• Cheese: A sprinkle of grated Parmesan or cheddar cheese can add a delightful savory note that pairs well with the soup’s flavors.
  • Bacon Bits: If you want to enhance the smoky flavor of the soup, consider sprinkling some crispy bacon bits on top.
  • Sour Cream or Greek Yogurt: A dollop can give a tangy contrast and a creamy texture, enhancing the overall flavor profile.
  • Sliced Green Onions or Chives: These can provide a subtle oniony flavor and a vibrant color contrast.
Senate Bean Soup

Can I Make Soup In A Slow Cooker Or Instant Pot?

You can prepare Senate Bean Soup in either a slow cooker or an Instant Pot. Both methods offer convenience and hands-off cooking while delivering the soup’s signature hearty flavor. Here’s how you can do it:

Slow Cooker

  • Soak the beans overnight as in the traditional method.
  • Add the soaked and drained beans, ham hocks, diced onion, and other ingredients to the slow cooker.
  • Cover with water (or broth for added flavor).
  • Set your slow cooker low for 7-8 hours or until the beans are tender.
  • Once cooked, remove the ham hocks, shred the meat, and return it to the slow cooker. Adjust seasonings if necessary, and serve.

Instant Pot

  • Using the sauté function, cook onions, celery, and carrots until softened.
  • Add the soaked and drained beans, ham hocks, and other ingredients into the pot. Cover with water or broth.
  • Secure the lid and set the Instant Pot to the ‘Bean’ setting or manually set it to pressure cook on high for about 35-40 minutes.
  • Let the pressure release naturally for at least 15 minutes, then vent to release any remaining pressure.
  • Open the pot, remove the ham hocks, shred the meat, and return it to the pot. Adjust seasonings if necessary, and serve.

Can I Use Store Broth, Or Should I Make My Own?

The choice between using store-bought broth or making your own for Senate Bean Soup comes from personal preference, time constraints, and dietary needs.

Store-Bought Broth

  • This is a convenient option and perfect for when you’re short on time. It can still deliver a flavorful soup. When selecting a store-bought broth, opt for low-sodium versions to control your soup’s salt level. Also, check the ingredients list to ensure there are no additives or preservatives you should avoid.

Homemade Broth

  • Making your broth gives you the most control over the flavors and the quality of ingredients. It’s a great way to use leftover bones and vegetable scraps, and it can be made in large batches and frozen for future use. Homemade broth often has a richer flavor than store-bought versions, which can elevate the taste of your soup.

Can I Use Different Types Of Meat/Fish/Pasta/Vegetables For The Soup?

Senate Bean Soup is quite versatile; you can make substitutions or additions based on your preferences. Here are some suggestions:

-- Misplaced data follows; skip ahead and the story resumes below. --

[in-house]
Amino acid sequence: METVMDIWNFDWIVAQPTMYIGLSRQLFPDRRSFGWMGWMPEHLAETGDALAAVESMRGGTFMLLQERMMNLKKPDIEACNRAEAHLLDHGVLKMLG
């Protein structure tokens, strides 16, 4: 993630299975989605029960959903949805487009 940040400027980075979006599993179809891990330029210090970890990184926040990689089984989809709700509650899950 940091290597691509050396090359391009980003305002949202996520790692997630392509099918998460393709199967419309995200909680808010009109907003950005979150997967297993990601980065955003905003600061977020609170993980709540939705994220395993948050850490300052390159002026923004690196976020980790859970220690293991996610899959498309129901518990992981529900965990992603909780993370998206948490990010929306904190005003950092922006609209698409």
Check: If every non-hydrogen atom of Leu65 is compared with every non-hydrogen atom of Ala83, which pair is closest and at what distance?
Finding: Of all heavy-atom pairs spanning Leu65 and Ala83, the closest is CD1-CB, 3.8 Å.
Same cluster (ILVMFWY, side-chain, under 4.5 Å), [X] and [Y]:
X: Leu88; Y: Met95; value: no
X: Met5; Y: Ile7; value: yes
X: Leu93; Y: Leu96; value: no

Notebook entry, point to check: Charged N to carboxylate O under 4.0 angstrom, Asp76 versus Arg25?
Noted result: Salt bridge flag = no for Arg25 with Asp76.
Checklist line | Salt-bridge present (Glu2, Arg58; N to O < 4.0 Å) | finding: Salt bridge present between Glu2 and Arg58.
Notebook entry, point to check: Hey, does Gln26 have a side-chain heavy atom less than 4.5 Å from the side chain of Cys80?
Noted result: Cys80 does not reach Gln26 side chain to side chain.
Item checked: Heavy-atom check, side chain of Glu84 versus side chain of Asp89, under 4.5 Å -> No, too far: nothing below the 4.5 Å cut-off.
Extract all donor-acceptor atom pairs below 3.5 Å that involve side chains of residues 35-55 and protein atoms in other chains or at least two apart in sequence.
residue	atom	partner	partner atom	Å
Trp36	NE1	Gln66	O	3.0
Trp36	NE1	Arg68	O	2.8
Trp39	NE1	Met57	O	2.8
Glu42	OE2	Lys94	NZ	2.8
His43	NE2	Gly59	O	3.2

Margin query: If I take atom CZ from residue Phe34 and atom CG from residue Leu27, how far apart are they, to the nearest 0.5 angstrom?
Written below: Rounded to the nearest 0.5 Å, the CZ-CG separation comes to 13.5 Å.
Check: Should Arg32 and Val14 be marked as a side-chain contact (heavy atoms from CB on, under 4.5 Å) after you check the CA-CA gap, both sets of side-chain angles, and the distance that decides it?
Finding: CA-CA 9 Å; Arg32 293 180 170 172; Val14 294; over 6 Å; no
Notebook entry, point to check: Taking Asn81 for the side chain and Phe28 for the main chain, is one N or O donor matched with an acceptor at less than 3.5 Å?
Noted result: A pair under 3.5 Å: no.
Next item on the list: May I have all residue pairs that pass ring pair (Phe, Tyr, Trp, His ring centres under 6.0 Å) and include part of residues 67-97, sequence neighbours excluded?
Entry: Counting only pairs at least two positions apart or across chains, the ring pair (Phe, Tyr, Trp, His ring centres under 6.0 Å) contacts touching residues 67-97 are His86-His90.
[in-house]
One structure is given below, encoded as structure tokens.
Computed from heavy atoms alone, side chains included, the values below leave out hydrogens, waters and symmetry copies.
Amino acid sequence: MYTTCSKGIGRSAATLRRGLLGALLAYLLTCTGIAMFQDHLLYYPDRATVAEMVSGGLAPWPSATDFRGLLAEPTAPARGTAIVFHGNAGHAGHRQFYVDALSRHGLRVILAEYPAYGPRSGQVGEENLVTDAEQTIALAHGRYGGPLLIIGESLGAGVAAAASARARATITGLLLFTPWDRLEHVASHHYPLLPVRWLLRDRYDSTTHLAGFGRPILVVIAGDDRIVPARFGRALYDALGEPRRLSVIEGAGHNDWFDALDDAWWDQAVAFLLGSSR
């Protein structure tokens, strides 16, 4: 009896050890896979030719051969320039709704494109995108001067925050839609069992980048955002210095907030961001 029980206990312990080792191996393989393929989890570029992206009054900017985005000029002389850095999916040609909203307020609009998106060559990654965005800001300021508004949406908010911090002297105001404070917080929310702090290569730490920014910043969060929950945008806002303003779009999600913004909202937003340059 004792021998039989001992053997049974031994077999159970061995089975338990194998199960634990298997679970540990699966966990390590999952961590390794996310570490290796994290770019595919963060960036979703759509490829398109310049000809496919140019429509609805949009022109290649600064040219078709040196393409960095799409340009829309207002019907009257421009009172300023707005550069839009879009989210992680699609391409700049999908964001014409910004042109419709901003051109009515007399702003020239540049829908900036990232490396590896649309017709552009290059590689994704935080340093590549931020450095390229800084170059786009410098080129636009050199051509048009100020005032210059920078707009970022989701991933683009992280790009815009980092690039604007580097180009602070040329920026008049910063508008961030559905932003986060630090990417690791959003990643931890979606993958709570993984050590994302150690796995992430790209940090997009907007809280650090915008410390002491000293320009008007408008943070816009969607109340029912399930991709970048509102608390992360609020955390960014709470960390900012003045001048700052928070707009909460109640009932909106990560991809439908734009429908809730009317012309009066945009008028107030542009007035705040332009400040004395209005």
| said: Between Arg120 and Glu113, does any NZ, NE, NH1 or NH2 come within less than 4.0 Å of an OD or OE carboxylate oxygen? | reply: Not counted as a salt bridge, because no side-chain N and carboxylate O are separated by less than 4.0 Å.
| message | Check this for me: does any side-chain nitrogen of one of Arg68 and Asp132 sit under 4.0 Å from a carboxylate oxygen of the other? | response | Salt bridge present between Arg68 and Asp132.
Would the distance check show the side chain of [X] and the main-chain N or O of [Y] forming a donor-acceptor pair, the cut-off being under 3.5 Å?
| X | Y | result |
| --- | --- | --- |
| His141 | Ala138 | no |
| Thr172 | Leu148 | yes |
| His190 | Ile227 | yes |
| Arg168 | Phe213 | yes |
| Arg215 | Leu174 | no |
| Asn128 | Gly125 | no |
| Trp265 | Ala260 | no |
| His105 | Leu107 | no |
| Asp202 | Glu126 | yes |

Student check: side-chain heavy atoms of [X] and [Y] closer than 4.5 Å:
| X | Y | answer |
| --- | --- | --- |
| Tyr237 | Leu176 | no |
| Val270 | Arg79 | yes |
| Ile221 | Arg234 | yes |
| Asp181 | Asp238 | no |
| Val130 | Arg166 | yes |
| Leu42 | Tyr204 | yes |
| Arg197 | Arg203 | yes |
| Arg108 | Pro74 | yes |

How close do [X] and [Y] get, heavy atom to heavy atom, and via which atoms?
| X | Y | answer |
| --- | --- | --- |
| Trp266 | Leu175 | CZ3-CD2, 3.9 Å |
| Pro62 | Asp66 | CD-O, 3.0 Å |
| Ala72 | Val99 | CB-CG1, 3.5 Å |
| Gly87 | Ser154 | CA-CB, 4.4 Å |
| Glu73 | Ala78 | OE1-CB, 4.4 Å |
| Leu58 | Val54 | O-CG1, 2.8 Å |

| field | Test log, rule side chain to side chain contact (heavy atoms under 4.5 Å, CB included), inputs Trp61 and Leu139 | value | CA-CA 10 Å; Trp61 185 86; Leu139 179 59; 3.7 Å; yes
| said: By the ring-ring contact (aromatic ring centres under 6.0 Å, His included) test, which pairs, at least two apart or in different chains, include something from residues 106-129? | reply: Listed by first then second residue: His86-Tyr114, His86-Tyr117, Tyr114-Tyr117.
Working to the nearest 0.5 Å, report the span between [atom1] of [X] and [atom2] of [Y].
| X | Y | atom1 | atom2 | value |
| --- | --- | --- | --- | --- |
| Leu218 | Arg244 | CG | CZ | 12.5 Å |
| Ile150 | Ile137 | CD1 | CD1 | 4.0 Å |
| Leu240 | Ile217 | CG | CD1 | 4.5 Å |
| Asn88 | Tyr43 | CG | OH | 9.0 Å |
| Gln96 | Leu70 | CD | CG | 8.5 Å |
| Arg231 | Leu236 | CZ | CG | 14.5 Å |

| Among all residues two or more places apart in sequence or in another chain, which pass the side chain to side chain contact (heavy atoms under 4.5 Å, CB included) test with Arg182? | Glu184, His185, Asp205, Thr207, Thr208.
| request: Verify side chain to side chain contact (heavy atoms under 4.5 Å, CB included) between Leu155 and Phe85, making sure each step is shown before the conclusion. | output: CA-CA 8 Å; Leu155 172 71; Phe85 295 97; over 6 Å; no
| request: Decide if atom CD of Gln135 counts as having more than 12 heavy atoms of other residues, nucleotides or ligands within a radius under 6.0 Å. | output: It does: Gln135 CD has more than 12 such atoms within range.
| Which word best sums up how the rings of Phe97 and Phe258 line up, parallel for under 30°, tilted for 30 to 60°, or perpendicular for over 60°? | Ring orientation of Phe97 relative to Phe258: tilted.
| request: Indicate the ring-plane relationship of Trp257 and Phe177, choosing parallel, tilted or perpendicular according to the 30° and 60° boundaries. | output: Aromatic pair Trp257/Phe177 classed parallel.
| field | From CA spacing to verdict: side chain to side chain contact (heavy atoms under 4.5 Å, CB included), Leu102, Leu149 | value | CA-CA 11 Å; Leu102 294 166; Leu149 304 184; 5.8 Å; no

• Meat: While ham hocks or shanks are traditionally used, other cuts of ham can also work. Smoked sausage or bacon can add a unique flavor. Chicken or turkey could be used if you prefer poultry, but bear in mind that they may alter the soup’s flavor profile.
  • Fish: Senate Bean Soup isn’t traditionally made with fish, but you could experiment with smoked fish like haddock or salmon for a different twist. However, these will significantly change the taste of the soup.
  • Pasta: Small pasta shapes like ditalini, orzo, or elbow macaroni could be added for extra heartiness. Add them near the end of the cooking process to prevent them from getting too soft.
  • Vegetables: Feel free to add or substitute other vegetables according to your preference. Options could include potatoes, tomatoes, bell peppers, zucchini, kale, or spinach. Adjust the cooking time depending on the vegetables used to ensure they’re cooked properly.
Senate Bean Soup

Success Tips – Tips And Tricks For Making Soup

Making soup can be simple, but a few tips and tricks can take your soup from good to great. Here are some to consider when making Senate Bean Soup or any soup:

Success Tips

  • Start with Quality Ingredients: Begin with high-quality navy beans, ham hocks, and vegetables to ensure the best flavor in your Senate Bean Soup.
  • Soak Beans Overnight: Soak the navy beans overnight to reduce cooking time and ensure they cook evenly.
  • Use Ham Hocks: Ham hocks are traditional in Senate Bean Soup and add a rich, smoky flavor. Ensure they are fully cooked and tender before serving.
  • Homemade Chicken Broth: Make your own chicken broth for a flavorful base. If using store-bought, choose a high-quality, low-sodium option.
  • Sauté Aromatics: Start by sautéing onions, celery, and carrots in butter or oil. This forms a flavorful foundation for the soup.
  • Add Garlic: Include minced garlic for added depth of flavor. Add it towards the end of the sautéing process to prevent burning.
  • Herbs for Flavor: Use a bay leaf and a sprig of thyme for herbal depth. Remember to remove the bay leaf before serving.

Prepping Tips

  • Soak Beans Overnight: This reduces the cooking time and helps the beans cook more evenly. If you forget to soak the beans, you can use the quick soak method: Cover beans with water, bring to a boil, then turn off the heat and let the beans sit in the water for about an hour.